Thanks Mike! That all sounds like great advice. My "plumber" may be my dad, if I'm lucky, so he's an easy guy to work with, and would most likely agree with you anyway!

I was very close to buying an Elkay ELUH sink myself, but found a Pegasus 16gauge sound dampened very similar (I hope) sink at HD for $400. I'll play with it a bit, and see if it is up to par. I was afraid to buy online.....we'll see how it goes.:)
post #6 of 11
Muscat-
Sounds like a good deal on the sink. When you test it, don't just set it on the ground and pour some water in. That will prevent the bottom from vibrating like it might when it's suspended in the counter.

Hang it from some kind of support around the rim, so the bottom is suspended. Then pour water in in various ways from about faucet height and see what you think. If it sounds a little drummy, you might think about applying some further deadening material before you install it. If it's upside down, you can weight the material down onto the adhesive with bricks, or something like that.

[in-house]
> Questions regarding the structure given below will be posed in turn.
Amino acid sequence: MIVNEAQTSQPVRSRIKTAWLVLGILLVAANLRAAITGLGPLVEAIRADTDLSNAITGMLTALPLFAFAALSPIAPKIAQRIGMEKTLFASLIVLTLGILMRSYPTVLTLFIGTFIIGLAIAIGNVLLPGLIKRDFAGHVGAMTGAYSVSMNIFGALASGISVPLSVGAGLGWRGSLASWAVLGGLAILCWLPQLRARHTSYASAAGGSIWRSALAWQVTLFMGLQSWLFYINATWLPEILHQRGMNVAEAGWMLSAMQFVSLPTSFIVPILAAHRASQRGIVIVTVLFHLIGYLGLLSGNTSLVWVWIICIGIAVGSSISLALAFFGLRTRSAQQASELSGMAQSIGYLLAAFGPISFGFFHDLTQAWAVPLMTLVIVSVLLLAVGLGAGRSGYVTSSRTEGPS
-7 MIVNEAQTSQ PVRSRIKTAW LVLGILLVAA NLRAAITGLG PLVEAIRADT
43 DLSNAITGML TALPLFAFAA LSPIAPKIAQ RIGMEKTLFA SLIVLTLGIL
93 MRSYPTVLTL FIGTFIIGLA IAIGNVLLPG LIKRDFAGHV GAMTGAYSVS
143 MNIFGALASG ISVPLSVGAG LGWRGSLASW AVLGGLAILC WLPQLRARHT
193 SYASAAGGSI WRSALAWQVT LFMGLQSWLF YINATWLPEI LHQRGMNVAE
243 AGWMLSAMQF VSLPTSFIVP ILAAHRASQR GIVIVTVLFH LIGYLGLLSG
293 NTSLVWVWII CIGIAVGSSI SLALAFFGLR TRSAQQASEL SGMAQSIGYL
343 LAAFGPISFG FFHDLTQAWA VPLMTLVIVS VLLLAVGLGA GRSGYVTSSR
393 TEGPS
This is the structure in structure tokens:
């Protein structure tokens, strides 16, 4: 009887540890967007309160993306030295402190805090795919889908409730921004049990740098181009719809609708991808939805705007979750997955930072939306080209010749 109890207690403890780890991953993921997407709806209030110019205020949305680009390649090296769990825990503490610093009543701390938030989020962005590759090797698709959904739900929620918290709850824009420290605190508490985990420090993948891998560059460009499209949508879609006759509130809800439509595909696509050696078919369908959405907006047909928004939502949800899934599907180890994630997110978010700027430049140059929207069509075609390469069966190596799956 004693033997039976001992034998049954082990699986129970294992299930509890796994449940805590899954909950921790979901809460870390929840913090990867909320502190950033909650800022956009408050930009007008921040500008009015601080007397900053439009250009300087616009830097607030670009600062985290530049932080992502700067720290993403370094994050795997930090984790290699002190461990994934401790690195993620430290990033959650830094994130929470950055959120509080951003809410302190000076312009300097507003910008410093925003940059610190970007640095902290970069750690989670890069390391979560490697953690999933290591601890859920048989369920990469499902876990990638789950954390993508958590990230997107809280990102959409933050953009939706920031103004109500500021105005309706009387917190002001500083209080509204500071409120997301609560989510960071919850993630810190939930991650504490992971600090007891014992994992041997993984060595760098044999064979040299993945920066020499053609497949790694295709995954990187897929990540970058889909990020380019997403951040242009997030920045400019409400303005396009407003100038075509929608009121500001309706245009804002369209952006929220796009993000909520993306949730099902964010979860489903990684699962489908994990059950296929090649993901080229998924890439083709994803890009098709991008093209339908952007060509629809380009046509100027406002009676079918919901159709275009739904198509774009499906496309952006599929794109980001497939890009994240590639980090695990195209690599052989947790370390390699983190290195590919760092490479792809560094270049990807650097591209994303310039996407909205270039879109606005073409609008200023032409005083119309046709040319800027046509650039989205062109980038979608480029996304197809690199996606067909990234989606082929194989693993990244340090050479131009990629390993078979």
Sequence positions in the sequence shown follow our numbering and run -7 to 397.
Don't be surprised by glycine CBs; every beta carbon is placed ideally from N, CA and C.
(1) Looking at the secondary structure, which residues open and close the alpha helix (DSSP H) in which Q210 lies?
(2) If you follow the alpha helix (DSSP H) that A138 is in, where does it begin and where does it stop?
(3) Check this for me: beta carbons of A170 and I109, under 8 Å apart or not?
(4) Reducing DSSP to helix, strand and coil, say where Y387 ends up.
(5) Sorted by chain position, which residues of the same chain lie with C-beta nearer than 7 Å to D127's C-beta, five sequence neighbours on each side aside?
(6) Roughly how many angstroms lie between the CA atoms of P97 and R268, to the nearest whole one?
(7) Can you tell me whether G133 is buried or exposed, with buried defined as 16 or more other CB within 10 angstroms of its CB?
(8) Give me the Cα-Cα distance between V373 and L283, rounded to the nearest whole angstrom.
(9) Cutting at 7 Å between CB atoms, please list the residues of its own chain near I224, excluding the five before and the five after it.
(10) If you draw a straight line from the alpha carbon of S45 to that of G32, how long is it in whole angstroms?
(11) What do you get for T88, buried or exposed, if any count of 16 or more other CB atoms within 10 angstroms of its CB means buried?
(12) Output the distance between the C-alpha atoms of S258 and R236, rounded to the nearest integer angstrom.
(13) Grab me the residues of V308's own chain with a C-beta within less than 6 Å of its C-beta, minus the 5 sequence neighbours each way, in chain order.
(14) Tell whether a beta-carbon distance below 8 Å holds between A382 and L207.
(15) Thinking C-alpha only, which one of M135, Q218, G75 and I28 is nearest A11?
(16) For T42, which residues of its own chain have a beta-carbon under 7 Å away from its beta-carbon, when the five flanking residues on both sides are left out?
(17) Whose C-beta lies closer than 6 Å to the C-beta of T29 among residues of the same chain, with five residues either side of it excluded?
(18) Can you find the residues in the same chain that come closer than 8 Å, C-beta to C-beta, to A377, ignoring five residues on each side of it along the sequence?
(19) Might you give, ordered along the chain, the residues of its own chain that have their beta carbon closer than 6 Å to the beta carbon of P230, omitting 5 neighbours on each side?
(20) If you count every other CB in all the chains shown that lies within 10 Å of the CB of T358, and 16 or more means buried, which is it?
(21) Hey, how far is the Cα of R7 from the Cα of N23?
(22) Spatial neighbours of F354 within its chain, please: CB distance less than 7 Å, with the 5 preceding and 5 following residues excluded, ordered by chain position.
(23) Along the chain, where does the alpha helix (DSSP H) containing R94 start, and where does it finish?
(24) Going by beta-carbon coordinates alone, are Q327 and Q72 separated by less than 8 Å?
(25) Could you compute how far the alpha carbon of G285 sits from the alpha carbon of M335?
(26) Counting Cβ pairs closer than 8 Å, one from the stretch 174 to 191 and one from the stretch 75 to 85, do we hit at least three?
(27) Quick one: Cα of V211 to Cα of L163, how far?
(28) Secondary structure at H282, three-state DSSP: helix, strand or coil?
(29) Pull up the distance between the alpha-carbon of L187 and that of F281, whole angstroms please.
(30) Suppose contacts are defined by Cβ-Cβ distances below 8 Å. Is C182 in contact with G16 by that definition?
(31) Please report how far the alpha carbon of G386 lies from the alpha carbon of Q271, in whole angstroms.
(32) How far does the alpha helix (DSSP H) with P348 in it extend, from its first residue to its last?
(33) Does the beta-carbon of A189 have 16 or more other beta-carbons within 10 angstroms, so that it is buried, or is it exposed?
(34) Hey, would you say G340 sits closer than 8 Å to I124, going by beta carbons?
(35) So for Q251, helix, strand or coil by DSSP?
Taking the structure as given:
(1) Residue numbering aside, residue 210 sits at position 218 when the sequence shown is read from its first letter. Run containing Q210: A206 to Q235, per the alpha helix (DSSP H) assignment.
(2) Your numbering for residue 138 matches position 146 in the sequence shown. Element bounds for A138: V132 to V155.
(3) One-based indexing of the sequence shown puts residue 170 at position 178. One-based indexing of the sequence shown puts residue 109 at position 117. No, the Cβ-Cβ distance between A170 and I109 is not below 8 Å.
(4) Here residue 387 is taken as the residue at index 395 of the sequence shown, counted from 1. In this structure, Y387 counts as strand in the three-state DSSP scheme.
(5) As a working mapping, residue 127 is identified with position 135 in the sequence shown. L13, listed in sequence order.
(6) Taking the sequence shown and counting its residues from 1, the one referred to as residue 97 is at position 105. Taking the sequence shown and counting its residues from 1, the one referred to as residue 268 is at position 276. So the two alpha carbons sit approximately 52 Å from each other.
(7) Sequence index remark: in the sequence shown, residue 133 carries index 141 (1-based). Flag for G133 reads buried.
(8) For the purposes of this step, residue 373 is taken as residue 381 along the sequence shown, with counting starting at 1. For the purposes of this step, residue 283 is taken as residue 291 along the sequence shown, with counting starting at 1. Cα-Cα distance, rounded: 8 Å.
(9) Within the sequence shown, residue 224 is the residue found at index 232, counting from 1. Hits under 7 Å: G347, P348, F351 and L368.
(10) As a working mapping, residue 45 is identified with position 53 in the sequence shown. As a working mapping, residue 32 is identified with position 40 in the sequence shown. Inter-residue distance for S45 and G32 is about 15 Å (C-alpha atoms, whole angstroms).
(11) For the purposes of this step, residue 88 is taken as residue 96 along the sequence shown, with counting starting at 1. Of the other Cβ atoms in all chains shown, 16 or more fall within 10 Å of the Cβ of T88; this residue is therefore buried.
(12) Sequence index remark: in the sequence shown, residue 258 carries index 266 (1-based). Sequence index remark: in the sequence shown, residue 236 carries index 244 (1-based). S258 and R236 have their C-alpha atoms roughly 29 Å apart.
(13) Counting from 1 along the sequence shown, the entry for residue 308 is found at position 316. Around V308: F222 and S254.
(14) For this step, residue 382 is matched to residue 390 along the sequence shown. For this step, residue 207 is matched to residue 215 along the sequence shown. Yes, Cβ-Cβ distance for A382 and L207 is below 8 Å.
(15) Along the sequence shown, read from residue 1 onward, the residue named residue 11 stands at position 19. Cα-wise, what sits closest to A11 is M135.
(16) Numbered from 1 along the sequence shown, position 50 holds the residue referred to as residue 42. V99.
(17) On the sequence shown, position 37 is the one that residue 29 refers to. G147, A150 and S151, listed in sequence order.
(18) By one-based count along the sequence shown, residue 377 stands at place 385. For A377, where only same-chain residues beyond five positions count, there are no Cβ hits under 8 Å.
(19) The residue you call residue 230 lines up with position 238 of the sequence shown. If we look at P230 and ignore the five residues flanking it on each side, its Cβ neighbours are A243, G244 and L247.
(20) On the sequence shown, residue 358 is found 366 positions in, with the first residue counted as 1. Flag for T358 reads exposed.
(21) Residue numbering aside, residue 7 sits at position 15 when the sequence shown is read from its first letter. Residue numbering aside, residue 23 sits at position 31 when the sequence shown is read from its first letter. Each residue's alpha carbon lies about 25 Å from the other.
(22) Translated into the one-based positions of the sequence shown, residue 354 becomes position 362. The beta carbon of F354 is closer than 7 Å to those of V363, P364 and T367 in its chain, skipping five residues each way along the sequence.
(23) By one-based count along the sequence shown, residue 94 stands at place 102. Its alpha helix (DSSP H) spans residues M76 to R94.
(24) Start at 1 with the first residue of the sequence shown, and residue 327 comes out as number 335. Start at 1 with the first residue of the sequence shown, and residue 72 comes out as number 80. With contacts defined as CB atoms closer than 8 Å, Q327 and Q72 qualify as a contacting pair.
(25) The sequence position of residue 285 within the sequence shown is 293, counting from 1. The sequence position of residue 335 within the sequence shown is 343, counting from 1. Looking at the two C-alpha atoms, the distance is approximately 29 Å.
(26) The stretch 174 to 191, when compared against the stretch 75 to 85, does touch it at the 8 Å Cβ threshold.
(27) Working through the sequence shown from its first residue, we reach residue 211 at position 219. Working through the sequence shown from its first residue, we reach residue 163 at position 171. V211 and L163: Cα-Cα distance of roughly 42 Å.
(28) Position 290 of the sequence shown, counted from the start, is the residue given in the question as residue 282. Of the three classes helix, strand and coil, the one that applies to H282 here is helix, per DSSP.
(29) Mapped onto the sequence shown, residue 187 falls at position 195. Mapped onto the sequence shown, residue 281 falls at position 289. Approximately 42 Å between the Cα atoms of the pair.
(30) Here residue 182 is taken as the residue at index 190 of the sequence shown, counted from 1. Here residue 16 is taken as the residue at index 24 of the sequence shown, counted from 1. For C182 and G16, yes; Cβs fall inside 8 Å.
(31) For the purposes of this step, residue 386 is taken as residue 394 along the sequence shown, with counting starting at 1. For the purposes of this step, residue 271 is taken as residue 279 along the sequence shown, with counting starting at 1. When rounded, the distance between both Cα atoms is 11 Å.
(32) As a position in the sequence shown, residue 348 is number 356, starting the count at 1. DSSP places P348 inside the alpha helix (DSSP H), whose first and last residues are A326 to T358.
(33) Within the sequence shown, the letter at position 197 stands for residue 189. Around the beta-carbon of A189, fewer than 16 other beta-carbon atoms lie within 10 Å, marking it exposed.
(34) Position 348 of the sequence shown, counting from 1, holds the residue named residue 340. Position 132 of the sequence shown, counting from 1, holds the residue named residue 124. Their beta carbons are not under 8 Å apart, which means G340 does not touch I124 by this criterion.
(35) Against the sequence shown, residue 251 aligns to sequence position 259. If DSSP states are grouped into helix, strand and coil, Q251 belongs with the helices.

Have fun with the remodel. I figured mine - of the entire condo, not just the kitchen - would take eight to ten weeks.

Took eight months. :eek:

Mike
travelling gourmand
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travelling gourmand
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post #7 of 11
Thread Starter 
8 weeks...8 months......oops. Sounds like remodeling is a lot like touring on vacation- it will always cost more and take more time than you thought. I'll be happy as long as I'm done before it is too cold to do all my cooking on the grill.....planning it has already taken twice as long as I thought it would!